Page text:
“Colour has also had a significant role in religious symbolism. One rendering suggests that red stands for blood and sacrifice”

It was the early Greek philosophers that taught us the importance of wonder; a lesson to be remembered in a world where the constant invitation is to control and possess. Occupied by our penchant for usefulness our capacity to wonder is diminished. And yet the ordinariness of life is rich with a splendor commonly missed. I am thinking now about colour and how different our world would be without it.

We are all impacted by colour one way or another. It has been suggested that there are significant links between colour and human emotion. Some colours comfort others agitate, some delight others distract. How we paint our homes, choose our clothes and plant our gardens all testify to the importance of colour. Of the four seasons, fall is favoured by many. The blaze of colour that the eye finds in a Canadian fall landscape inspires the sense of wonder and brings great pleasure. The creation story in Genesis tells of the divine invocation “Let there be light.”

And at this word was the separation of light from darkness. It is light that carries the possibility of colour for it contains the spectrum with its diversity of colour – which in turn can be multiplied into what seem to be innumerable combinations, yielding a visual feast for the eye. The earth that “Color can add dimension and physicality to two-dimensional work. Color can tap into rich symbolic histories. Color even holds sway over the psychological mind. In the variety of roles it can fill, color becomes a tool to remind, provoke, warn, instruct, prompt, honor or surprise the viewer.”

Kimberly Garzabrings forth that blaze of colour also holds the resources for the artist’s palette. Mercury, sulfur, potassium, iron, copper, lapis lazuli and a host of other earthly resources yields the diversity of colours for art making. Beyond the science and theory of colour we may ask of the meanings of colour.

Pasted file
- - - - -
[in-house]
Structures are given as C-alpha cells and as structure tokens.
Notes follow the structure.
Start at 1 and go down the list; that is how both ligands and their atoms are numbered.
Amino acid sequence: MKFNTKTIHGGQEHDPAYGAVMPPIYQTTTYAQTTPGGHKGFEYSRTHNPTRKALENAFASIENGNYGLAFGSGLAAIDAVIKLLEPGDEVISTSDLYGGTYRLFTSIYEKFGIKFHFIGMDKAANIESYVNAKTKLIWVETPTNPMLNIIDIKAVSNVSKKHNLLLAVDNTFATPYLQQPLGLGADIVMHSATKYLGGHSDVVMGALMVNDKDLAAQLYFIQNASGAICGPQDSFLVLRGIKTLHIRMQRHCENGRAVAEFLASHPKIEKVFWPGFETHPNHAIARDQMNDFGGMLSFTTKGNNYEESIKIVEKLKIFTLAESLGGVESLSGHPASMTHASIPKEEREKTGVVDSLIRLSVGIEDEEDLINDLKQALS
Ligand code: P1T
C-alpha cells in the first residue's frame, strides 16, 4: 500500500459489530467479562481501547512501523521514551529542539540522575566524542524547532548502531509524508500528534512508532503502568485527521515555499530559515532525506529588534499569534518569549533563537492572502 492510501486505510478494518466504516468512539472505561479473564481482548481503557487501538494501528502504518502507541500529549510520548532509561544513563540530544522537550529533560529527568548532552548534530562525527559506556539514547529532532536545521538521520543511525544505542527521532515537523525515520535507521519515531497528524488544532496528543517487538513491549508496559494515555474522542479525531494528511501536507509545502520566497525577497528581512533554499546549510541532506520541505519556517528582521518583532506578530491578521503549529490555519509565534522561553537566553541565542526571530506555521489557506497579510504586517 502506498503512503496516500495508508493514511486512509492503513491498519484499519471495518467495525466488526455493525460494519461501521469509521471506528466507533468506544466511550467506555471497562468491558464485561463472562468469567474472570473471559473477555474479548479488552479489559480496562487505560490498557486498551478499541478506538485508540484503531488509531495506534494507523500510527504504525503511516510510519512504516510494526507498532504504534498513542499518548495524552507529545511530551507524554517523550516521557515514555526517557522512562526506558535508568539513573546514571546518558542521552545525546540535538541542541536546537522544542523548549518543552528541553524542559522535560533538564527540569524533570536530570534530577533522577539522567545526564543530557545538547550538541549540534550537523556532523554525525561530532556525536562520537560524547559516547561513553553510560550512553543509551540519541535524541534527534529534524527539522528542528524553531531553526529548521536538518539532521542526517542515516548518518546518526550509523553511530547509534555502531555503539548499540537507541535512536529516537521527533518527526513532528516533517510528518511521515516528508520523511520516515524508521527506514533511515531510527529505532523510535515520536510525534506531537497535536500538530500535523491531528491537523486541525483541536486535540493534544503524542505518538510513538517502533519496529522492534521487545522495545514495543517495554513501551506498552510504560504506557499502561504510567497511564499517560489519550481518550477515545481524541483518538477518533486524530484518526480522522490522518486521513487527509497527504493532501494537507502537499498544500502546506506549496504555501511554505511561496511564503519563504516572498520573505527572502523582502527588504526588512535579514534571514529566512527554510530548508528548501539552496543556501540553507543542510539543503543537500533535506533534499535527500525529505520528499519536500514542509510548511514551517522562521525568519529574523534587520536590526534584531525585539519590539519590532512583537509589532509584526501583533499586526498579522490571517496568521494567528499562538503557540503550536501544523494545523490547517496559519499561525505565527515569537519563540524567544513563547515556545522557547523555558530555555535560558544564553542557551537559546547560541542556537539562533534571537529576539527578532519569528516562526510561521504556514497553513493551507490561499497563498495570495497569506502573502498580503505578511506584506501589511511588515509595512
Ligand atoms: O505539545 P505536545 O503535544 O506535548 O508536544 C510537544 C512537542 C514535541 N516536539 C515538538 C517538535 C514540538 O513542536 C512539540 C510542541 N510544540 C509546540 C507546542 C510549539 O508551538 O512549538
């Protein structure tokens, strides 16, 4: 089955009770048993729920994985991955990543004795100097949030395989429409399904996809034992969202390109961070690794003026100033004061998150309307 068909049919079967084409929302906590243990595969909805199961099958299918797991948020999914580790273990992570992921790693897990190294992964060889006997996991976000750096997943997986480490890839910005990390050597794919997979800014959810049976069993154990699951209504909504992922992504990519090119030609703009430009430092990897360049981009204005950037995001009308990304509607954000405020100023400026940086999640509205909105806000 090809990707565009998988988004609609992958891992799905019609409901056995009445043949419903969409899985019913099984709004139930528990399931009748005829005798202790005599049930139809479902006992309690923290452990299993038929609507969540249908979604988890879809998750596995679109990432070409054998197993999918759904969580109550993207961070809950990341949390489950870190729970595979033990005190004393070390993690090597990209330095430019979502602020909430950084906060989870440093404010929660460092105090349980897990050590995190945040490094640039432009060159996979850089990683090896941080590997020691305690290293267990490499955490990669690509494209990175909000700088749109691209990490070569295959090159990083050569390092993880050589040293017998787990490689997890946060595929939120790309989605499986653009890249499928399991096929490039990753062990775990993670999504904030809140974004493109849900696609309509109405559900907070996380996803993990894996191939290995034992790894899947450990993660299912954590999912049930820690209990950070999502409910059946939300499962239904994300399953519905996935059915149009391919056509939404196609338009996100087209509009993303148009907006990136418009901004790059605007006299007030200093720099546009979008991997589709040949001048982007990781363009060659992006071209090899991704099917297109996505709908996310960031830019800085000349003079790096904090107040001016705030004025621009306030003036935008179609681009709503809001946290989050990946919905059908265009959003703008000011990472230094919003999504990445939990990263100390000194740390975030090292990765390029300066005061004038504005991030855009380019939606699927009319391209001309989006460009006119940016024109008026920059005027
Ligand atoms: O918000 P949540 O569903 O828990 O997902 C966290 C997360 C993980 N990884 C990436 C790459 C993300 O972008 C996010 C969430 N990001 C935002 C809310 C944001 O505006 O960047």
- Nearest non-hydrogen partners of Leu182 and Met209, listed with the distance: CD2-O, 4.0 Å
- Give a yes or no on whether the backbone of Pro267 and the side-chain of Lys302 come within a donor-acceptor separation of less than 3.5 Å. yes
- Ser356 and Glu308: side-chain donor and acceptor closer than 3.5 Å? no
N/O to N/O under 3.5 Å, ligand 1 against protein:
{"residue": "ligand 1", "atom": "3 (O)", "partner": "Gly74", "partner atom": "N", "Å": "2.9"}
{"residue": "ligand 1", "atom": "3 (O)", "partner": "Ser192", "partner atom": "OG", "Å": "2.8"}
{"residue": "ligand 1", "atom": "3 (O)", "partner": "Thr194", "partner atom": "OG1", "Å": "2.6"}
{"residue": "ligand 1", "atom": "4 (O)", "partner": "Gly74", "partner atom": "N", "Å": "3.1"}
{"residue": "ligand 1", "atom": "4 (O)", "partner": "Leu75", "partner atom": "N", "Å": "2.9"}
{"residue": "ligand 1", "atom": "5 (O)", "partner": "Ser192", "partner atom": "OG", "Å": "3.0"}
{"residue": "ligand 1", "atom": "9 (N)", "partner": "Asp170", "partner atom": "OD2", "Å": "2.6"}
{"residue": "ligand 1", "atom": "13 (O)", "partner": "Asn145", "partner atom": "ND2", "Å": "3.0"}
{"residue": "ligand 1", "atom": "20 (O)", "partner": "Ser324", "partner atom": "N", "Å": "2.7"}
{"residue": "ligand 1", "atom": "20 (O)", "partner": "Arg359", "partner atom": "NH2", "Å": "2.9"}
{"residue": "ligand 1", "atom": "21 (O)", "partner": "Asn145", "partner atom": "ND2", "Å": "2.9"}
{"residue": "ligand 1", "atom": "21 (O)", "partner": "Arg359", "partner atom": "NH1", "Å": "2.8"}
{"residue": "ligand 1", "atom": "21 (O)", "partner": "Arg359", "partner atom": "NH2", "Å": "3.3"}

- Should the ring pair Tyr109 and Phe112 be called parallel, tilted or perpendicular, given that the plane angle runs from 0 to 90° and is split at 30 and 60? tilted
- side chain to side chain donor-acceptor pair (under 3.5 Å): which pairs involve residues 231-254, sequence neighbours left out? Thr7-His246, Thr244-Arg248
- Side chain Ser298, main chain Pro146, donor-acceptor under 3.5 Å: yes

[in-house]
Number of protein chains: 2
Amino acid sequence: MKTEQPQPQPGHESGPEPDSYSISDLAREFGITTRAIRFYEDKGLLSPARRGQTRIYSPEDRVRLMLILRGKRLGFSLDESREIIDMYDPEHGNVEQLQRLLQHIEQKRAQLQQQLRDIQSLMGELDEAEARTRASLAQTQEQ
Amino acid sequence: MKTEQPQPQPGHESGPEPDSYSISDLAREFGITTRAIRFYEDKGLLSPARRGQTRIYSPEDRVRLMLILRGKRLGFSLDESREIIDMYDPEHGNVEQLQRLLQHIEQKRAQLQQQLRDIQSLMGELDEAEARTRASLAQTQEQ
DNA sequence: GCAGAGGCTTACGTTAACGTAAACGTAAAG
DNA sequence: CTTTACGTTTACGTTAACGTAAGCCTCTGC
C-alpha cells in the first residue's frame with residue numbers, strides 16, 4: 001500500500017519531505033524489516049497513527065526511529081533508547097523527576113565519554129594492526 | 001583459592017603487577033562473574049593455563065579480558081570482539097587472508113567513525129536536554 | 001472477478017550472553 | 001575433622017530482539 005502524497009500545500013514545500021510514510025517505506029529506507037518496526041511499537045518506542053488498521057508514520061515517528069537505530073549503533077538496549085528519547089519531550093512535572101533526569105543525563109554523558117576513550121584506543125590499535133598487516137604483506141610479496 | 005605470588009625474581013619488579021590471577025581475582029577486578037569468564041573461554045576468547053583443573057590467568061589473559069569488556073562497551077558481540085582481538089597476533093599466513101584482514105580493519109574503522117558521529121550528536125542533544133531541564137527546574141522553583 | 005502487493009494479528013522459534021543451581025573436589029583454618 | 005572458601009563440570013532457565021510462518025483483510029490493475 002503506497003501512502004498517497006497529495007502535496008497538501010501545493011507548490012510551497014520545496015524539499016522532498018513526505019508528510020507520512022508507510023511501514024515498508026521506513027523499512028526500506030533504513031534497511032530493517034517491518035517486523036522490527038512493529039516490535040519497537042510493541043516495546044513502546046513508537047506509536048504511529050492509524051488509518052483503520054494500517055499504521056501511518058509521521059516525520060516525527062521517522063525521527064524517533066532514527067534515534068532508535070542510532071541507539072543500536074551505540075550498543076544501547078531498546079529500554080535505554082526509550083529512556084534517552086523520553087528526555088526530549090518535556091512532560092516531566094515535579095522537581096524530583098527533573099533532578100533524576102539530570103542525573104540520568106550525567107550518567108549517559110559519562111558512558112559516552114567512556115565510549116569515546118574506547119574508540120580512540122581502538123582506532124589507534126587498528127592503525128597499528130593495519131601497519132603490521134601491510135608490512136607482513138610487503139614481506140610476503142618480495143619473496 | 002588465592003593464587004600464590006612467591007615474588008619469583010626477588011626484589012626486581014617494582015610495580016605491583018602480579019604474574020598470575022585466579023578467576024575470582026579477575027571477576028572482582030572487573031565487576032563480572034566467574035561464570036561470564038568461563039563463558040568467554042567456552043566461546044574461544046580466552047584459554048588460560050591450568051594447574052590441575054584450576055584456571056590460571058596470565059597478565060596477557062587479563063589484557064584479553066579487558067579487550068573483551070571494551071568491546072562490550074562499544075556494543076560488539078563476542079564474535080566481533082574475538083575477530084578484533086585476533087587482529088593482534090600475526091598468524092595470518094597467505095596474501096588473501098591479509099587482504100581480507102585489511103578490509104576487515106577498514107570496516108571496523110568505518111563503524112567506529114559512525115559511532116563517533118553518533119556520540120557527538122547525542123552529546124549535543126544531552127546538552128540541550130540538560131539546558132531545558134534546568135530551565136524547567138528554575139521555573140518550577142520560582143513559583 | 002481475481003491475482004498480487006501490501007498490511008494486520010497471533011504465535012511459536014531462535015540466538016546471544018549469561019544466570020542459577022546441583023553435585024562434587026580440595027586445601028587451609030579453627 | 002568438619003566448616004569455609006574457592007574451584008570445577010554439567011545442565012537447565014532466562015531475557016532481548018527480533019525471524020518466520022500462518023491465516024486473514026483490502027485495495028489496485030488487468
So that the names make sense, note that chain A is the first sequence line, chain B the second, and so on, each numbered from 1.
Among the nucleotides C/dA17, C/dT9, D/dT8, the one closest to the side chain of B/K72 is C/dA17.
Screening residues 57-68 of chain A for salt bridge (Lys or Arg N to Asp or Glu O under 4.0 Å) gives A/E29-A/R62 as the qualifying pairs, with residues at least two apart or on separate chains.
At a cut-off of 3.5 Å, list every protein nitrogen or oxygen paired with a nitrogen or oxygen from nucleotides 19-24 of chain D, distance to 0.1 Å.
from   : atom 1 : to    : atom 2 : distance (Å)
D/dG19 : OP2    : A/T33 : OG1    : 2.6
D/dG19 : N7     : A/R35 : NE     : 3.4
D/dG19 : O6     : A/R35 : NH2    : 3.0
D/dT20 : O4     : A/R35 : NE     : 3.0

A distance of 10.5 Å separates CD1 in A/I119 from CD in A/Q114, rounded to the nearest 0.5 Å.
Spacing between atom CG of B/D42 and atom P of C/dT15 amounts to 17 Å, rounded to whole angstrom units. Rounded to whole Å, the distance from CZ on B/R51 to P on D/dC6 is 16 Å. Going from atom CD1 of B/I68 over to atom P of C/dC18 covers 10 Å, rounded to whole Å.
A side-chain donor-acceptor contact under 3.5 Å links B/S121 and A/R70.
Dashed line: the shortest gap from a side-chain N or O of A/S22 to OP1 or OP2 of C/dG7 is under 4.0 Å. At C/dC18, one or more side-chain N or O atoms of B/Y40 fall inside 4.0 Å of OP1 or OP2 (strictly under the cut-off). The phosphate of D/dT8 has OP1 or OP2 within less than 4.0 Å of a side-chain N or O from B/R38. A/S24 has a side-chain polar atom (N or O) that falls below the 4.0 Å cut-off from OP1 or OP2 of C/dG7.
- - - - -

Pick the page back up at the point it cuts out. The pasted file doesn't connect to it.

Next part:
Kimberly Garza writes,

“Color can add dimension and physicality to two-dimensional work. Color can tap into rich symbolic histories. Color even holds sway over the psychological mind. In the variety of roles it can fill, color becomes a tool to remind, provoke, warn, instruct, prompt, honor or surprise the viewer.”

In our consumerist society the process of branding takes seriously the importance of colour. Whether you think of your favourite coffee shop, computer brand, soft-drink or the postal service colour comes into play. Colour has also had a significant role in religious symbolism. One rendering suggests that red stands for blood and sacrifice, yellow for divine presence, green for life and renewal, violet for suffering, gray for mourning and repentance, black for death and white for purity and virtue. Colour engages us and moves us. It is a gateway to help us to see, discern and discover.

Some years ago when I was teaching I painted my office a chocolate brown, it was a novelty of sorts in a building that was primarily institutional beige. The room was lit with a single desk lamp and the florescent lights were never on. Over the years I heard from students that they found the room warm and inviting and an easy setting for conversation.

I have no doubt that the surrounding colour was what elicited this response. When one thinks of the arts it is the visual counter the most colour. Over the past eight years the mailed out newsletter has always used only one colour and images have been in gray scale. This issue is the first issue printed in full colour and we will be back to single colour in December. So we have taken the opportunity to show work of six visual artists. Cottage Country is a collage of colour suggesting flora and water. Passing Storm is an evocative piece with its play of light and shadow depicting a turbulent sky over a restful golden field of grain. The artist is able to capture movement through the use of colour. Blue and Gold with Pearls seems to do the opposite with its sense of stillness. This is an unusual work bringing together abstract and representational painting each employing rich colour and texture. Red Day with Blue Leaves gives a sense of transition, nature on the move but resplendent in colour and delicate in line.

The faces are etched with the burdens of life and the passage of time, each with a gaze of hopefulness.Colour again masterfully used to draw us in, if only for a moment, to the life and experience of the one we see. Colour is capable of creating an atmosphere, generating emotion, evoking memories and speaking to us in surprising ways. Within the gift of light are seemingly infinite possibilities a few of which we get to enjoy each day. In the rich diversity of colour we have a poetry of sorts that speaks to us of the beauty of the world we inhabit. Colour is well worth celebrating.

– John Franklin

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